If you received a DWI in Benton or Washington County, Arkansas or any part of Northwest Arkansas or the River Valley you need to understand your rights. The purpose of this answer is to tell you what to expect once you’ve been charged with a DWI in Arkansas. Contact us by either calling our number (479-621-0006) or clicking here.
First, it is important to understand the difference between a DWI (driving while intoxicated) and a DUI (driving under the influence). Although many people use the terms DWI and DUI interchangeably, there are some major differences in Arkansas. DUI’s are applicable only to people under the age of 21 and carry penalties that are not as severe as a DWI. Someone under 21 can still be charged with a DWI if their blood alcohol content is high enough but that is beyond the scope of this article. A DWI is committed when a person is operating a vehicle with a blood alcohol content of 0.08 (eight hundredths) or higher or is operating a vehicle while “intoxicated.” The “intoxicated” part of the statute is designed to prohibit operating vehicles under the influence of intoxicants other than alcohol such prescription or non prescription drugs. he purpose here is to tell you what to expect once you’ve been charged with a DWI in Arkansas.
Once you have been arrested and charged with DWI, the officer, before you are released, will take your drivers license and give you at least three different forms. The first form will be the ticket or citation. This will explain that you have been charged with DWI and when and where your first court appearance will be held. The second form will be a temporary driving permit which will allow you to continue driving for 30 days (unless your license is already suspended for other reasons). The third form will be to request a hearing from the Arkansas Department of Finance and Administration (DFA) to determine your eligibility to have your license reinstated. You MUST send the DFA form in to the DFA office in Little Rock within 7 days of being arrested. If you do not send it in within that time frame, they will deny your right to a hearing and impose the suspension that they see fit. They will set the hearing (if requested timely) within 20 days of receiving your form. If it is filed on time you should always have your hearing before your 30 driving permit expires. (7 days to file + 20 days to set = 27 days).
The important issue to keep in mind during this process is that you have two different courses of action occurring. The first is the pending criminal case and the second is the drivers license issue with the DFA. At your hearing the DFA will determine whether or not you qualify for a restricted license or to have an interlock device installed on your vehicle for the duration of your suspension. Whether or not you refused the blood alcohol content test (BAC), how high your alcohol content levels were, whether you were intoxicated due to alcohol or drug ingestion, and whether this is your first DWI can all effect how long the suspension lasts and what type of conditions you will be subjected to during the suspension. Our attorneys have had much experience representing clients in front of the DFA office and assisting with getting the least restrictive suspension. The burden of proof for the state in a DFA hearing is very low and the hearing officers are very limited in what options they can offer but a knowledgeable attorney can sometimes get the suspension dropped for technical reasons.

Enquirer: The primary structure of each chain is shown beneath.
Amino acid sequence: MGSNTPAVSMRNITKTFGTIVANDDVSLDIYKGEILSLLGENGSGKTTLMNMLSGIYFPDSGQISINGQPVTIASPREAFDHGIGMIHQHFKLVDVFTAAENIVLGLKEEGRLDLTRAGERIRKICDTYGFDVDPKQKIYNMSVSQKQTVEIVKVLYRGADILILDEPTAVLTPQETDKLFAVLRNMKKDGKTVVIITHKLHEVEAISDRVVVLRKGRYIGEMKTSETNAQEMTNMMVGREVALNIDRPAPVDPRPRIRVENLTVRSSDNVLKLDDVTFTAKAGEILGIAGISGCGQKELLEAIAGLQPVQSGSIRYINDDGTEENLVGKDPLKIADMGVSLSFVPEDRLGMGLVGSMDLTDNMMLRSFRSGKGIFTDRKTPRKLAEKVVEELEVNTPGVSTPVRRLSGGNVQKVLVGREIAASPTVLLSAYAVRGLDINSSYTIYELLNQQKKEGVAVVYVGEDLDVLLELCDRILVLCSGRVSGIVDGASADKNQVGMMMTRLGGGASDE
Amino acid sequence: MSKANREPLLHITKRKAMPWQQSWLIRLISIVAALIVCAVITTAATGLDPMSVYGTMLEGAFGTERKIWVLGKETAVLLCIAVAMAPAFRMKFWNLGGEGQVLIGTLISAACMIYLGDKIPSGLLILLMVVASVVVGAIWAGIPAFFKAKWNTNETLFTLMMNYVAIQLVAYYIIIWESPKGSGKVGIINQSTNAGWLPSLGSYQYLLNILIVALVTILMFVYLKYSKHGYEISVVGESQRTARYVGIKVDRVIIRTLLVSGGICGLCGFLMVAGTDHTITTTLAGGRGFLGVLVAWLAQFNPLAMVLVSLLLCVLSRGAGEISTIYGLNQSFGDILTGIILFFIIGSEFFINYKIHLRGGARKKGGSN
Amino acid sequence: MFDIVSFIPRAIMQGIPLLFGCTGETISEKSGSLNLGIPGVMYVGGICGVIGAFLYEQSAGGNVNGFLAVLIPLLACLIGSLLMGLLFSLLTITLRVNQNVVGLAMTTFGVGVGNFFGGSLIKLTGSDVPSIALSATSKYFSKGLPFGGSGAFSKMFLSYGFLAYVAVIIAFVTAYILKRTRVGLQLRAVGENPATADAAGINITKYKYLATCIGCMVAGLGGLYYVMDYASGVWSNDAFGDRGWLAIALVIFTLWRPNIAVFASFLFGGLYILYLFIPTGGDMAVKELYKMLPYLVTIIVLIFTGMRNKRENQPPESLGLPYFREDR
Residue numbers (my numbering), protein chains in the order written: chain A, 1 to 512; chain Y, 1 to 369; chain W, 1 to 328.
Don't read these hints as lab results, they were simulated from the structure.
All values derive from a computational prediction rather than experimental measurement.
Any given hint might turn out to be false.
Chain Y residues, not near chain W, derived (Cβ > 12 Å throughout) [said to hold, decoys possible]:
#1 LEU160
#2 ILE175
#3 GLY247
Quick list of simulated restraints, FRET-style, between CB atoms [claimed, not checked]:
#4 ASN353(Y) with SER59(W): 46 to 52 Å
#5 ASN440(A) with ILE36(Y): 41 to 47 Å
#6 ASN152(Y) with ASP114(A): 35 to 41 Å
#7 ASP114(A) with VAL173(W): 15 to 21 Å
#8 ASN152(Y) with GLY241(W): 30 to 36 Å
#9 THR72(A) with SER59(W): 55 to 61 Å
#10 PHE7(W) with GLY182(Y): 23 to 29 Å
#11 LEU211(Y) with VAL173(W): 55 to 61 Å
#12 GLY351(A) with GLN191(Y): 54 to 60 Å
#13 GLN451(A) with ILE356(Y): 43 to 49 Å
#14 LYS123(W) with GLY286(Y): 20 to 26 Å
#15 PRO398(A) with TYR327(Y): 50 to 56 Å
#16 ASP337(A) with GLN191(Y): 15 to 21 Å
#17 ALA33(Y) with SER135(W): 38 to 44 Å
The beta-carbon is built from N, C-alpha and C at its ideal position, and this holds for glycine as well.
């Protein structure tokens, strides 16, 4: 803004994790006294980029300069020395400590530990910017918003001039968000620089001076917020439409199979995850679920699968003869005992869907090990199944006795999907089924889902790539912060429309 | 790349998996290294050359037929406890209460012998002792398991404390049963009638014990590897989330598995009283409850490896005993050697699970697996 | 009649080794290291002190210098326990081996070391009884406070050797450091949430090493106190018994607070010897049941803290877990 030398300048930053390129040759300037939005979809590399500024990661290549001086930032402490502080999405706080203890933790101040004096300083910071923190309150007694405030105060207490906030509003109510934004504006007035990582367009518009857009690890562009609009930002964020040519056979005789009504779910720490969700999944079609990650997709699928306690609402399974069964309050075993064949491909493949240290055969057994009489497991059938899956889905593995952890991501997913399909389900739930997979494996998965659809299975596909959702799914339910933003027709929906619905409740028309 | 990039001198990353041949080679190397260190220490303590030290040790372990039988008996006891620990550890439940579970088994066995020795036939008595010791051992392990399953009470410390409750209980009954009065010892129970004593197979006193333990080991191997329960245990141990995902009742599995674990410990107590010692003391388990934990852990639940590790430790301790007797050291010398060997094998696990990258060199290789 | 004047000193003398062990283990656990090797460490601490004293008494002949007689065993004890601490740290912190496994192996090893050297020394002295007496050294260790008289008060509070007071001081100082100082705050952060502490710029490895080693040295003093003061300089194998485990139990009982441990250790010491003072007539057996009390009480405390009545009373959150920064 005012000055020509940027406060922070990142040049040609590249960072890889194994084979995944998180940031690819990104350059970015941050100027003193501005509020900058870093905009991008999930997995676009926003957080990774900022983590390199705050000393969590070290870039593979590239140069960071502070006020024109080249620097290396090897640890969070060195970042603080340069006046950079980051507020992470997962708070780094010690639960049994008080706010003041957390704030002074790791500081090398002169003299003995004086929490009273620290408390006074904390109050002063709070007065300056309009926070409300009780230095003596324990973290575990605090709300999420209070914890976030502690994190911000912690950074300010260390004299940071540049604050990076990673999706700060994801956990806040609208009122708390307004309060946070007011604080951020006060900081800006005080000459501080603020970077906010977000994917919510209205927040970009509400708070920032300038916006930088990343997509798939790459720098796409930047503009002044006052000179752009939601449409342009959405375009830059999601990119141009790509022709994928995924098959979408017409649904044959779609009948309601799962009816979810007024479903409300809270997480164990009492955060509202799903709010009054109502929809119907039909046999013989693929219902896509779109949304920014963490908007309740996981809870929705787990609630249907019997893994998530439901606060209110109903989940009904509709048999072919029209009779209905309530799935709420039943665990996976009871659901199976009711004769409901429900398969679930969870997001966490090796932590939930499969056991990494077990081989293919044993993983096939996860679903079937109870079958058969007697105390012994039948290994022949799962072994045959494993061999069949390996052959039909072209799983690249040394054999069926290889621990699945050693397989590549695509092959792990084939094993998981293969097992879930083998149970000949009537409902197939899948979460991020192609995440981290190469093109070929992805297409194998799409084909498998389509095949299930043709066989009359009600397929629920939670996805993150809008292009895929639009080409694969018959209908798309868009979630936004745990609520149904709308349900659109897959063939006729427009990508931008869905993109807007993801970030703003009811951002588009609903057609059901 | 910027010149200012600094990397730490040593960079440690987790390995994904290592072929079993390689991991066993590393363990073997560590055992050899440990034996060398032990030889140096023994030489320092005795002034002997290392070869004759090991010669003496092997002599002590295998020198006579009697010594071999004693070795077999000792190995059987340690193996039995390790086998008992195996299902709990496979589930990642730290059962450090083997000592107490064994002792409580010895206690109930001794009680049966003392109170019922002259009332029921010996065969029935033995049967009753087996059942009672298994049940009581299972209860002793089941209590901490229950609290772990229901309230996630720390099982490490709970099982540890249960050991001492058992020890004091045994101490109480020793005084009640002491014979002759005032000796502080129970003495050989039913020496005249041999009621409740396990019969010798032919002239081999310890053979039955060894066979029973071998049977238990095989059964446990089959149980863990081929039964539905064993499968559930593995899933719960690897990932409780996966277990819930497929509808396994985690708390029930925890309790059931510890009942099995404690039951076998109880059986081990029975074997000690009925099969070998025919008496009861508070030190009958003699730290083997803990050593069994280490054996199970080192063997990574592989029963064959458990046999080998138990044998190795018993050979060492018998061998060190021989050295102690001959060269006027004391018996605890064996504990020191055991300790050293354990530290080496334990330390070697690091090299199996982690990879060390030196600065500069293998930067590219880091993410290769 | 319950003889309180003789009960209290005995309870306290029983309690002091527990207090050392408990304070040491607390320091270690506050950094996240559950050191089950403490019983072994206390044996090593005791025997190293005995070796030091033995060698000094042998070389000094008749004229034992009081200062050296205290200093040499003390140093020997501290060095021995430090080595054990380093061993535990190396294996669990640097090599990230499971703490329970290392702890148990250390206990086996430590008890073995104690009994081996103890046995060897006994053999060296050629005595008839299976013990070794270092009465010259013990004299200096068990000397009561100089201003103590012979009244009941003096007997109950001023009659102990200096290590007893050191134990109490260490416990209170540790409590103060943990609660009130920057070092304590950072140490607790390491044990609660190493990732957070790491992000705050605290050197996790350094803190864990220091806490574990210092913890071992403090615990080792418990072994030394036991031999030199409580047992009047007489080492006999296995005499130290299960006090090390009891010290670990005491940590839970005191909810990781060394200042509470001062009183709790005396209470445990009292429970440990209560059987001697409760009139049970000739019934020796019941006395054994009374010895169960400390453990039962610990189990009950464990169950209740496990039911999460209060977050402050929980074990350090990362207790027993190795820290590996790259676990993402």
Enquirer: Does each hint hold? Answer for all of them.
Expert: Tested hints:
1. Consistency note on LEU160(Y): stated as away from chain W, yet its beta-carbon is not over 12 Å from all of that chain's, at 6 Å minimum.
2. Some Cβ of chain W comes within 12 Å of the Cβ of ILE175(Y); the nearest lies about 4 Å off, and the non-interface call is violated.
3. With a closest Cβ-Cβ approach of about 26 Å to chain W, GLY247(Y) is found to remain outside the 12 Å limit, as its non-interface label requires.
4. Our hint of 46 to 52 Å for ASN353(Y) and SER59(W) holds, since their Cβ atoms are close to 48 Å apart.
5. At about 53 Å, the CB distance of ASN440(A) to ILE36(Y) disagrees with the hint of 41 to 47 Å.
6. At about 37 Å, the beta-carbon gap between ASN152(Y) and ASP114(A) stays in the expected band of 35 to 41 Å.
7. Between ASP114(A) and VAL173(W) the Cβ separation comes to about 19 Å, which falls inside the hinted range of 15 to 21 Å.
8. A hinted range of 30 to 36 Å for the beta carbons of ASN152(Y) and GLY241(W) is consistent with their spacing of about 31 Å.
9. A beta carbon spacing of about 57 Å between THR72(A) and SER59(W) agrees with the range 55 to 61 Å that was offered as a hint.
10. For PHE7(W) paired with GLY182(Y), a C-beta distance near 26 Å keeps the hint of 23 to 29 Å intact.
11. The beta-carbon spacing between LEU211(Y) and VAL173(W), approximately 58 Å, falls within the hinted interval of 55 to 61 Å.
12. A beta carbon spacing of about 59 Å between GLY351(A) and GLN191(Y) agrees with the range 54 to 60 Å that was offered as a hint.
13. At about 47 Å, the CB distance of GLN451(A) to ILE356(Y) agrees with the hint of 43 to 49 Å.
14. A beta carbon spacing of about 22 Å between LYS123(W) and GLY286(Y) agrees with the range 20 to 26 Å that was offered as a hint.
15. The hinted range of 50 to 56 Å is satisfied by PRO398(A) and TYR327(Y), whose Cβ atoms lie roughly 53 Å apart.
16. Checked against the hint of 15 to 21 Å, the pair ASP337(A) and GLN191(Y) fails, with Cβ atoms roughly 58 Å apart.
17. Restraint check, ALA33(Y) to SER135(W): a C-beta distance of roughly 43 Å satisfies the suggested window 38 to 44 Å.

If your license is suspended after the hearing you will be required to do several things to get your license back from the State. The DFA usually charges a fee to reinstate the license and you will be required to get assessed for an alcohol awareness course and complete that course through a state approved agency. Completion of this course is also required by the Court in the criminal case if you are found guilty or enter a guilty plea. IF you are successful at defending your DWI case in court you can occasionally get the suspension lifted.
The court date that appears on your citation is called an arraignment and is for the purpose of going before the Court to enter a “guilty” or “not guilty” plea. It is not advisable to enter a “guilty” plea before the court at arraignment because you subject yourself to the full range of punishment including jail time without having had a chance to review the evidence against you. If you plead “guilty” the judge will sentence you as he sees fit within the bounds of the law. If you plead “not guilty” you will likely be advised to speak to an attorney and will be given a new court date.
It is very important to make all of your court dates unless told otherwise by your attorney. Your attorney will review the evidence against you and determine if it is in your best interest to take the case to trial or to accept a plea agreement from the prosecutor. The ranges in punishment for a DWI are very wide and depend on the individual case. Your level of intoxication, whether a wreck was involved, the presence of children, whether other charges were filed, prior alcohol related offenses, and the specific facts of your case all play a role in determining what a reasonable plea agreement is on a given DWI charge. The evidence used in a DWI case is very technical and must be obtained in a very specific manner. There may well be times that, although you were intoxicated, the police officer did not conduct himself correctly and you find yourself getting a “not guilty” verdict at trial.
A DWI charge is a very complex thing and has many different issues that need to be addressed. It can affect your job, you family, and your future. Most attorneys offer free consultations and with a DWI it is advisable to use these services. Contact us by either calling our number (479-621-0006) or clicking here.